The ‘quiet luxury’ trend in Chinese dining: how showy ingredients like bird’s nest are out with young epicures, who eat without breaking the bank

The salad might seem like a random compilation of ingredients, but each component represents a desire for the year ahead. You see, the Chinese are obsessed with eating to manifest wealth just like the British drink for … well, just like the British drink, full stop.

Yusheng originated in Malaysia and Singapore, but has become popular in recent years thanks to social media. Photo: Getty Images

Our consumption habits have always skewed towards accumulation, and this shows up as much in our choice of material goods as it does on the plate – or off the plate, as it was in the case of the flying “gold” cracker.

If you ever forget what an ingredient represents, just blag it and say … prosperity? (When in doubt: it’s always wealth.)

Each component of yusheng represents a desire for the year ahead – mostly involving wealth. Photo: Jenny Lau
But attitudes to wealth are changing, or at least the optics of it. If I ask you to imagine the typical Chinese luxury consumer, perhaps you picture them accessorised with an oversized gem-set Rolex, or a personalised number plate, resplendent with a row of eights.
Yet, in 2023 “quiet luxury” was the breakaway trend. Some say the shift – also coined “stealth wealth” or “old money-core” – reflects a global zeitgeist that rejects ostentation for timeless and minimal craftsmanship.
Let’s be real: Shiv Roy’s wardrobe on HBO’s hit show Succession was a key influence. Chinese fashionistas also bought into the look, opting for a specific Western aristo-aesthetic that favours Loro Piana or Ralph Lauren over blown-up LV monograms.
Sarah Snook as Shiv Roy in a still from HBO’s Succession. Photo: HBO

I’m heartened to see a maturing attitude to the more is more aesthetic, especially as the Chinese nouveau riche have a notorious reputation for crossing the line between classy and crass. I wonder whether this development will be reflected in Chinese eating habits at all?

Our food culture is also not without vulgarity. Edible luxuriousness has long been measured variously: by its content, its quality and its price tag. Sometimes certain ingredients seem to be deemed valuable by virtue of exclusivity or size.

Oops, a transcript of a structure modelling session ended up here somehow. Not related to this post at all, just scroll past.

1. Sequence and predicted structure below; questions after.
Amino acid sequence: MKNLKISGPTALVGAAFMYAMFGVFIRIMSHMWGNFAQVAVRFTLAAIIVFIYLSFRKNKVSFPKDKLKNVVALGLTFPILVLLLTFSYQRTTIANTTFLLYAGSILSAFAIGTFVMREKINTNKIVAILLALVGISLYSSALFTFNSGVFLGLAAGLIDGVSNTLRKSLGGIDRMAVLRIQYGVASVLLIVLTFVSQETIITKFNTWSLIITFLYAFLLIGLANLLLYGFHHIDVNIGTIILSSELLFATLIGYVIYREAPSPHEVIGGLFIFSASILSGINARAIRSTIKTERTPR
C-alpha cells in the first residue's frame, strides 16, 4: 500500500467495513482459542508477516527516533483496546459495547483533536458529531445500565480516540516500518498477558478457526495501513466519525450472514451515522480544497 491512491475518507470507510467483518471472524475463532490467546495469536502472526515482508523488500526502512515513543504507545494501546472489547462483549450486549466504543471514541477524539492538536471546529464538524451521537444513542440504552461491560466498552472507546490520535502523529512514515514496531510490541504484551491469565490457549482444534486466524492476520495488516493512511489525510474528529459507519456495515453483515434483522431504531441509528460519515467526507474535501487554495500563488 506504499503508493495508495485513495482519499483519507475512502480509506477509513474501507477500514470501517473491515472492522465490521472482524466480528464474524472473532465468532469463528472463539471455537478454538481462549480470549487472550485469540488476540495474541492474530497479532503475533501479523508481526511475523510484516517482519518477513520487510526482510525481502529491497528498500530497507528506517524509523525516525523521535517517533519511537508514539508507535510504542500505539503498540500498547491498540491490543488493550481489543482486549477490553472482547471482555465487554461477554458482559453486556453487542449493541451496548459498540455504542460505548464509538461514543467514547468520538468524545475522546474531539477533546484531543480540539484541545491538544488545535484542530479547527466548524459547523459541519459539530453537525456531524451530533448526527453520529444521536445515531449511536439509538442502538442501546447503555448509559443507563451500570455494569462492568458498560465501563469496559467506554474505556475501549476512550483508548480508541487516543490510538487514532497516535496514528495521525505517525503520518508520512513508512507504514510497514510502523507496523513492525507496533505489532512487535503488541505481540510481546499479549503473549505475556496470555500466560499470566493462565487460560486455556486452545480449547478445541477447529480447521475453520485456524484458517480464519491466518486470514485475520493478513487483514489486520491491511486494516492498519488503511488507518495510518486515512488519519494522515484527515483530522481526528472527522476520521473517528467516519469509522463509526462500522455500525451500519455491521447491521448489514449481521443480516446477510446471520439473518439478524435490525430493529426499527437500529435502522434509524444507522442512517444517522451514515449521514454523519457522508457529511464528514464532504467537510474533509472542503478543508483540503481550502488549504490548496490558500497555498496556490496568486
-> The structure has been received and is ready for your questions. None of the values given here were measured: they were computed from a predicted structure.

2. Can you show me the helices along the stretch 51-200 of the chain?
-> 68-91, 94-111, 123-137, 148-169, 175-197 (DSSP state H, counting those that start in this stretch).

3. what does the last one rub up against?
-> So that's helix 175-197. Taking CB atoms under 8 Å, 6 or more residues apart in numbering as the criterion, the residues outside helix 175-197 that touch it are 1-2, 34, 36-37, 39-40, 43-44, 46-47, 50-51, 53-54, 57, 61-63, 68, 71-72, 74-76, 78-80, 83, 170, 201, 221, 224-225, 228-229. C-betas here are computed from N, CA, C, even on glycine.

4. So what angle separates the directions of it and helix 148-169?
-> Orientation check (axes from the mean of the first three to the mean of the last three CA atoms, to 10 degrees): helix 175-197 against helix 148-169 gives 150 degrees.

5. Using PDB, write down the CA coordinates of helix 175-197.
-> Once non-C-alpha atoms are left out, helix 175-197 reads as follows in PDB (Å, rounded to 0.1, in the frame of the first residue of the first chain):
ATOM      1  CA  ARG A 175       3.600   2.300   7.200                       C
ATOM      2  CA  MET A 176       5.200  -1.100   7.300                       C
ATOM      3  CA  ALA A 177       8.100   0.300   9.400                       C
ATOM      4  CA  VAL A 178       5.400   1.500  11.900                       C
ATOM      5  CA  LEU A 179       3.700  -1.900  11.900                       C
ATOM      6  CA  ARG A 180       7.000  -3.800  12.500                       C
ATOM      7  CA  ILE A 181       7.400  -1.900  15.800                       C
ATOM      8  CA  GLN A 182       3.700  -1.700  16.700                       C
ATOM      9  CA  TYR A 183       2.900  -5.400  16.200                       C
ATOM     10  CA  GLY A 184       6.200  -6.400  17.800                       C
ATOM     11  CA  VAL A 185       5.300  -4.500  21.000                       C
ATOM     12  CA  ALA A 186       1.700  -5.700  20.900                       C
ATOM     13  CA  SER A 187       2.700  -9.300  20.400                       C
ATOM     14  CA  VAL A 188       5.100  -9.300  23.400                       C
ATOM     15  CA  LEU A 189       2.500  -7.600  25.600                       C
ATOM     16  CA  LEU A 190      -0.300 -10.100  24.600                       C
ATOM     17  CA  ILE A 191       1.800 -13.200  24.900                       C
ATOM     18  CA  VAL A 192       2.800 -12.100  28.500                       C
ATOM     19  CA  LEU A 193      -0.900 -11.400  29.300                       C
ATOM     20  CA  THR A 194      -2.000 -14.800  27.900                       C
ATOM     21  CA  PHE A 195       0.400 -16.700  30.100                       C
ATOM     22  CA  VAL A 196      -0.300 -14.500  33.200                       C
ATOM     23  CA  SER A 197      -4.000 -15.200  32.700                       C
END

Sure, we Chinese have been pursuing fine flavours for millennia, but it has always amused me that rare ingredients such as bird’s nest or sea cucumber are fairly tasteless. And just as with fashion labels, food brands carry culturally symbolic significance. Ferrero Rocher, anyone?

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Stare down a pimped up poon choi feast and you can’t help but calculate the cost of each bite. There’s fish maw, sea cucumber, abalone, dried scallops, goose web … If your pocket feels hot, that’s probably the burning sensation in your wallet.

Would it be unfair to suggest that some people get a thrill out of the performative spending as much as the food itself?

Poon choi has humble origins in Hong Kong’s rural walled villages. Photo: Jenny Lau
Might we see a move away from loud luxury among Chinese epicures? Demand for shark fin soup has been declining, and younger generations are increasingly interested in sustainable food systems and plant-based lifestyles.

There are also practical concerns about a black market of fake goods, such as the black moss so prized for its homonymous expression of a wish to get wealthy.

While fake Rolexes reportedly make up half of the replica luxury watch market, getting caught wearing a counterfeit can only dent your reputation. Eating fake moss has more damaging consequences.

Demon Chef’s farm-to-table Cafe Bau and the Hong Kong farmers supplying it

It’s worth noting that the quiet luxury fashion look is not one that is trending among the rich. They are, after all, already quietly wealthy. The aesthetic is mere cosplay for average Joes and Josephines, easily imitable with a Shein overcoat and Uniqlo’s affordable cashmere. By next season, it will be time for a costume change.

But when you look at our relationship with luxurious foods, loud luxury relates more to maintaining social relationships: whether entertaining clients or friends, offering luxury on a plate is intrinsically linked to the Chinese concept of saving face.

Come to think of it, eating wealth is not the same as eating for wealth. This is a colourful nuance I love about Chinese food culture. Luxury need not be literally ingested, if it can also be simulated through symbolism.

Yusheng is about eating for wealth, not eating wealth; there’s a difference. Photo: Jenny Lau

As a plant-based cook myself, I have in my pantry an arsenal of “poor man’s x”: vegan substitute ingredients, all of which offer value for money and just as much nutritional goodness.

You can swap bird’s nest for snow fungus, abalone for king oyster mushrooms, Cordyceps sinensis for Cordyceps militaris, shark fin for shark fin melon, and so on.

On reflection, perhaps I was hasty to laugh at the overt theatricality of yusheng. Sure, it is loud – literally, in volume – but ostentatious it is not. The salad’s ingredients are affordable, accessible and easy to prepare.

Long may we eat in affectation of luxury and in pursuit of good fortune – without breaking the bank.

Jenny Lau is a London-based writer and the creator of Celestial Peach, a platform for stories about food in the Chinese diaspora and the people and cultures behind it.

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